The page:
Recommended for Second Grade to Twelfth Grade
The Battleship USS Alabama
Alabama Courses of Study
Grade 2 - Exploring Our Nation and World: People and Places
2.) Identify past and present contributions of a variety of individuals who have overcome difficulties or obstacles to achieve goals.
8.) Identify continents, oceans, and the equator using technology, maps, and globes.
Grade 3 - People, Places, and Regions: Geographic Studies
1. Locate the prime meridian, equator, tropic of Capricorn, tropic of Cancer, international date line, and lines of latitude and longitude on maps and globes.
6. Identify conflicts involving use of land, economic competition for scarce resources, different political views, boundary disputes, and cultural differences within and between different geographic areas.
Grade 4 - Alabama Studies
13.) Describe the economic and social impact of World War II on Alabamians.
Examples: entry of women into workforce, increase in job opportunities, rationing, utilization of Alabama's military installations
• Recognizing Alabama participants in World War II
Grade 6 - United States Studies: 1877 to the Present
8.) List key figures, significant events, and reasons for the involvement of the United States in World War II.
Examples: key figures-Franklin D. Roosevelt, Winston Churchill, Harry S. Truman, Joseph Stalin, Adolph Hitler, Benito Mussolini, Michinomiya Hirohito, Hideki Tojo;
- significant events-Battles of Normandy, Stalingrad, and Midway; Battle of the Bulge;
- reasons-Pearl Harbor, threat by Axis powers to Europe and Asia
• Locating on a map or globe countries controlled by the Axis powers from 1939-1942
• Locating on a map or globe Allied countries and key battles in World War II
• Describing social costs associated with World War II
Examples: Holocaust, civilian and military casualties
Grade 9 - World History: 1500 to the Present
14.) Describe causes and consequences of World War II.
- causes-unanswered aggression, Axis goal of world conquest;
- consequences-changes in political boundaries; Allied goals; lasting issues such as the Holocaust, Atomic Age, and Nuremberg Trials
• Explaining the rise of militarist and totalitarian states in Italy, Germany, the Soviet Union, and Japan
• Identifying turning points of World War II in the European and Pacific Theaters
• Depicting geographic locations of world events between 1939 and 1945
• Identifying on a map changes in national borders as a result of World War II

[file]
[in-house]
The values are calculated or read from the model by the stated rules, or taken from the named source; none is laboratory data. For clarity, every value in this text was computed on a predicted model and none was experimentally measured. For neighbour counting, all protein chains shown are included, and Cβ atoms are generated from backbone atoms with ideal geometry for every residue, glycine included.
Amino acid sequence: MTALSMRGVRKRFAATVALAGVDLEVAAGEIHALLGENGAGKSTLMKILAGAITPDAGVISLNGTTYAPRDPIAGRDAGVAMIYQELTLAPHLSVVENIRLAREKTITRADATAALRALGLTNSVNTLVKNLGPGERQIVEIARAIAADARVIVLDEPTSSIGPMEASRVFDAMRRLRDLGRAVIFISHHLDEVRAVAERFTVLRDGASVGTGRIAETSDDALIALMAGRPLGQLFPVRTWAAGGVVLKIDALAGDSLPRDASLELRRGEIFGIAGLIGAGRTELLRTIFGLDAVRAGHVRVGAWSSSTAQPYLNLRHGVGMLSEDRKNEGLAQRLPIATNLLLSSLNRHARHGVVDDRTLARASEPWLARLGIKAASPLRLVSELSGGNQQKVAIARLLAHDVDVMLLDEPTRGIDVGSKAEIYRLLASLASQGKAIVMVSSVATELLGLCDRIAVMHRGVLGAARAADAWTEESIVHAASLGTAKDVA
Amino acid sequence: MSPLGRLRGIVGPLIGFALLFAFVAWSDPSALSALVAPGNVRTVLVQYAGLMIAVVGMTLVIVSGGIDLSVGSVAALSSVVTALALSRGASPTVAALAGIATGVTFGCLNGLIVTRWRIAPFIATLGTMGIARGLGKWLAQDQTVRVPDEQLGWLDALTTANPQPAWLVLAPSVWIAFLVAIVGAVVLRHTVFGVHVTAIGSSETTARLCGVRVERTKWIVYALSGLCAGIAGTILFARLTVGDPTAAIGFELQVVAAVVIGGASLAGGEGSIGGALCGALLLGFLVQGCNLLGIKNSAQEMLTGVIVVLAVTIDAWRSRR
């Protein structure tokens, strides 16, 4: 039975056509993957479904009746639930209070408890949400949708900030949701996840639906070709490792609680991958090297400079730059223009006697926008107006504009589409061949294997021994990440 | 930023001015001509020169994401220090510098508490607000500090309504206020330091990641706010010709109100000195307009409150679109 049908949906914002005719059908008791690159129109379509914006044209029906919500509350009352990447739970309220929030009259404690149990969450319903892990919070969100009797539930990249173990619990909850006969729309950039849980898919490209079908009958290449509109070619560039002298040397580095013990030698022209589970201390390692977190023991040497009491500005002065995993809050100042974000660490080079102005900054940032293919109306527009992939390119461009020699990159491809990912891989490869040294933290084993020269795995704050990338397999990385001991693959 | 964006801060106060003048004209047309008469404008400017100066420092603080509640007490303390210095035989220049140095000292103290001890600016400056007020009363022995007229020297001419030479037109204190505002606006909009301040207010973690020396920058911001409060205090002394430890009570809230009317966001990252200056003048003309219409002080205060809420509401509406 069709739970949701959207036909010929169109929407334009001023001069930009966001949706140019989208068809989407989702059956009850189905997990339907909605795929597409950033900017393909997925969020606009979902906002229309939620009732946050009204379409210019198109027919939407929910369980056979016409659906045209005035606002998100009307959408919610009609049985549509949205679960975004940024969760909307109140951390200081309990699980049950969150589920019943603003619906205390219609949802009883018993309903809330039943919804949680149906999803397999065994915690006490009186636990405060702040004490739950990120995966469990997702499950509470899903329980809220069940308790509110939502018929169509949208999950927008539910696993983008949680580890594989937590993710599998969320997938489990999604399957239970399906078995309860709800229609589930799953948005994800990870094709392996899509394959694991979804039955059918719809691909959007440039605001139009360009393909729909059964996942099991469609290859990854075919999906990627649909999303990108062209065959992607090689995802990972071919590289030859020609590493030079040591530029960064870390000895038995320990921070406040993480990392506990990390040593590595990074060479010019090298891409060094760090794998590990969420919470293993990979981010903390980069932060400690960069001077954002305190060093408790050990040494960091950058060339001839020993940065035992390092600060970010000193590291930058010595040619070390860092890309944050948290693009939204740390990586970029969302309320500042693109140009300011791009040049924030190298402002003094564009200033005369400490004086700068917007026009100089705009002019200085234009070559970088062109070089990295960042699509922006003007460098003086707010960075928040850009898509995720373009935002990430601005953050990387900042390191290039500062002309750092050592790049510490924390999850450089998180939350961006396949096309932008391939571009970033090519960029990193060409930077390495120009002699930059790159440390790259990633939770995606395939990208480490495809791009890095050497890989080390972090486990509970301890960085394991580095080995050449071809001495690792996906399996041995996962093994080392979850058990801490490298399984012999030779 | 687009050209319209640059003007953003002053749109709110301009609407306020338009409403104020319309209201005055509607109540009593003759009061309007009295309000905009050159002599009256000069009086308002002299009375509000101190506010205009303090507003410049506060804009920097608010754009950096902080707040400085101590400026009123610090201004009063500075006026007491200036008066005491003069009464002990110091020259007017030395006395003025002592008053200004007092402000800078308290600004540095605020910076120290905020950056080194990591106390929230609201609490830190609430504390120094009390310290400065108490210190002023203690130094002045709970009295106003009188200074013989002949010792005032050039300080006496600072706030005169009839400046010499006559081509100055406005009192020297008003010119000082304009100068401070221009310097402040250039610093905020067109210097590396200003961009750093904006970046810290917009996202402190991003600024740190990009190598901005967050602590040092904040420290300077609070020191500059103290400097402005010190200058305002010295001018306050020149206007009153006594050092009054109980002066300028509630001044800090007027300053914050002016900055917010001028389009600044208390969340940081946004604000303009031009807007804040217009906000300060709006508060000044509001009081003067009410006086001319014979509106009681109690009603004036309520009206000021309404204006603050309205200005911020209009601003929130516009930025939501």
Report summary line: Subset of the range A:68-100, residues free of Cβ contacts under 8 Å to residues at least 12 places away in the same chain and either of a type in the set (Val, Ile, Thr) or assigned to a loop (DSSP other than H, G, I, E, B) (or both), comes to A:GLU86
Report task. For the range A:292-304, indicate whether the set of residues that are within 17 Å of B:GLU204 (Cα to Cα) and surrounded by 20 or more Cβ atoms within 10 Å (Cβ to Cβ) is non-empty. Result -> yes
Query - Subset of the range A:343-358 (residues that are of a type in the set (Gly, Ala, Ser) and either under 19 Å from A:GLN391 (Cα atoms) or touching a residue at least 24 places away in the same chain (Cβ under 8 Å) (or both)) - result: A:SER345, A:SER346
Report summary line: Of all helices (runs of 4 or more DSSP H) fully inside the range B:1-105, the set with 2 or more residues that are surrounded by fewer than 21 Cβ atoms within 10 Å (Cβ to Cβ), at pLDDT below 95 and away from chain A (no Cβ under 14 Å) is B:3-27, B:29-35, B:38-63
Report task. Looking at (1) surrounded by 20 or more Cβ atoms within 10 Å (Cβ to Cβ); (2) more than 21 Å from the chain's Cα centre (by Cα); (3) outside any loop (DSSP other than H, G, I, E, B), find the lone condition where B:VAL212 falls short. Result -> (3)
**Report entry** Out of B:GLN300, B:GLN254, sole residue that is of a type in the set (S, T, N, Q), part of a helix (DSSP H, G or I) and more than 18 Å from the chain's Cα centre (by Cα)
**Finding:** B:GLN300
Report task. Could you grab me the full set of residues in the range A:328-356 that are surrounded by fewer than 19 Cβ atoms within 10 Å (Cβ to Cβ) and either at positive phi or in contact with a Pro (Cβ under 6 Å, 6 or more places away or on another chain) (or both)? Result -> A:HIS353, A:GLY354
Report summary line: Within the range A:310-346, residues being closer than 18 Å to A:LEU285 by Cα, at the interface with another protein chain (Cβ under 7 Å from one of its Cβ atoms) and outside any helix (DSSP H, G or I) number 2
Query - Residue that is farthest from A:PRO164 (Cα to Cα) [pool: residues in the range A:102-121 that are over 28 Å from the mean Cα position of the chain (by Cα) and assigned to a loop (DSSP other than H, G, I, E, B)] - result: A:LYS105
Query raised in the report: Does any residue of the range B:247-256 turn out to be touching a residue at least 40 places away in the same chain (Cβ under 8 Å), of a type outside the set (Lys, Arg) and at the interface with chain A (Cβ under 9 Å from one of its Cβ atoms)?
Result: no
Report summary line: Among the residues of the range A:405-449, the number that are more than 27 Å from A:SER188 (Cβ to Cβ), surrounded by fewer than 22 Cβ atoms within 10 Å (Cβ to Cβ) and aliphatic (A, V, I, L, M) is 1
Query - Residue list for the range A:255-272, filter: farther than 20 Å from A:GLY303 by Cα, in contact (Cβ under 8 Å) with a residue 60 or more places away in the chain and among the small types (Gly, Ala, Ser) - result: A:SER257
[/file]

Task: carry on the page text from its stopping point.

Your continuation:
Grade 11 - United States History: 1877 to the Present
7.) Explain the entry by the United States into World War II and major military campaigns in the European and Pacific Theaters
Examples: Operation Torch, Operation Overlord, island hopping
• Identifying roles of significant leaders, including Franklin D. Roosevelt, Winston Churchill, Joseph Stalin, and Adolph Hitler
• Explaining Alabama's participation in World War II, including the Tuskegee Airmen, the Aliceville Prisoner of War (POW) camp, the growth of the Port of Mobile, Birmingham steel, and military bases
• Describing consequences of World War II on the lives of American citizens
Examples: Servicemen's Readjustment Act of 1944 (GI Bill), desegregation of the military
Links to Lesson Plans and Websites
This inquiry based lesson gives students the opportunity to acquire and practice map skills while applying the knowledge to real life experience based on the USS Alabama Battleship.
This is a whole group inquiry lesson that is largely, but not entirely, technology-based. Through the use of a PhotoStory-created movie, students will learn about several basic concepts related to life in Alabama during World War II. More specifically, aspects of life that affected children growing up during this time will be discussed.
This lesson, from National Geographic' Xpeditions, introduces students to the reasons why the United States became involved in World War II and asks them to consider the reasons Japan decided to attack Pearl Harbor. Students will view a detailed interactive map showing the events at Pearl Harbor on December 7, 1941, and they will conclude by writing statements that Japanese and American servicepeople in Pearl Harbor might have made immediately before and after the attack.
This lesson, one of a multi-part unit from EDSITEment, focuses on the overall strategies pursued by the Japanese and the Allies in the initial months of World War II in Asia and the Pacific. By examining military documents and consulting an interactive map, students will gain a better understanding of the war.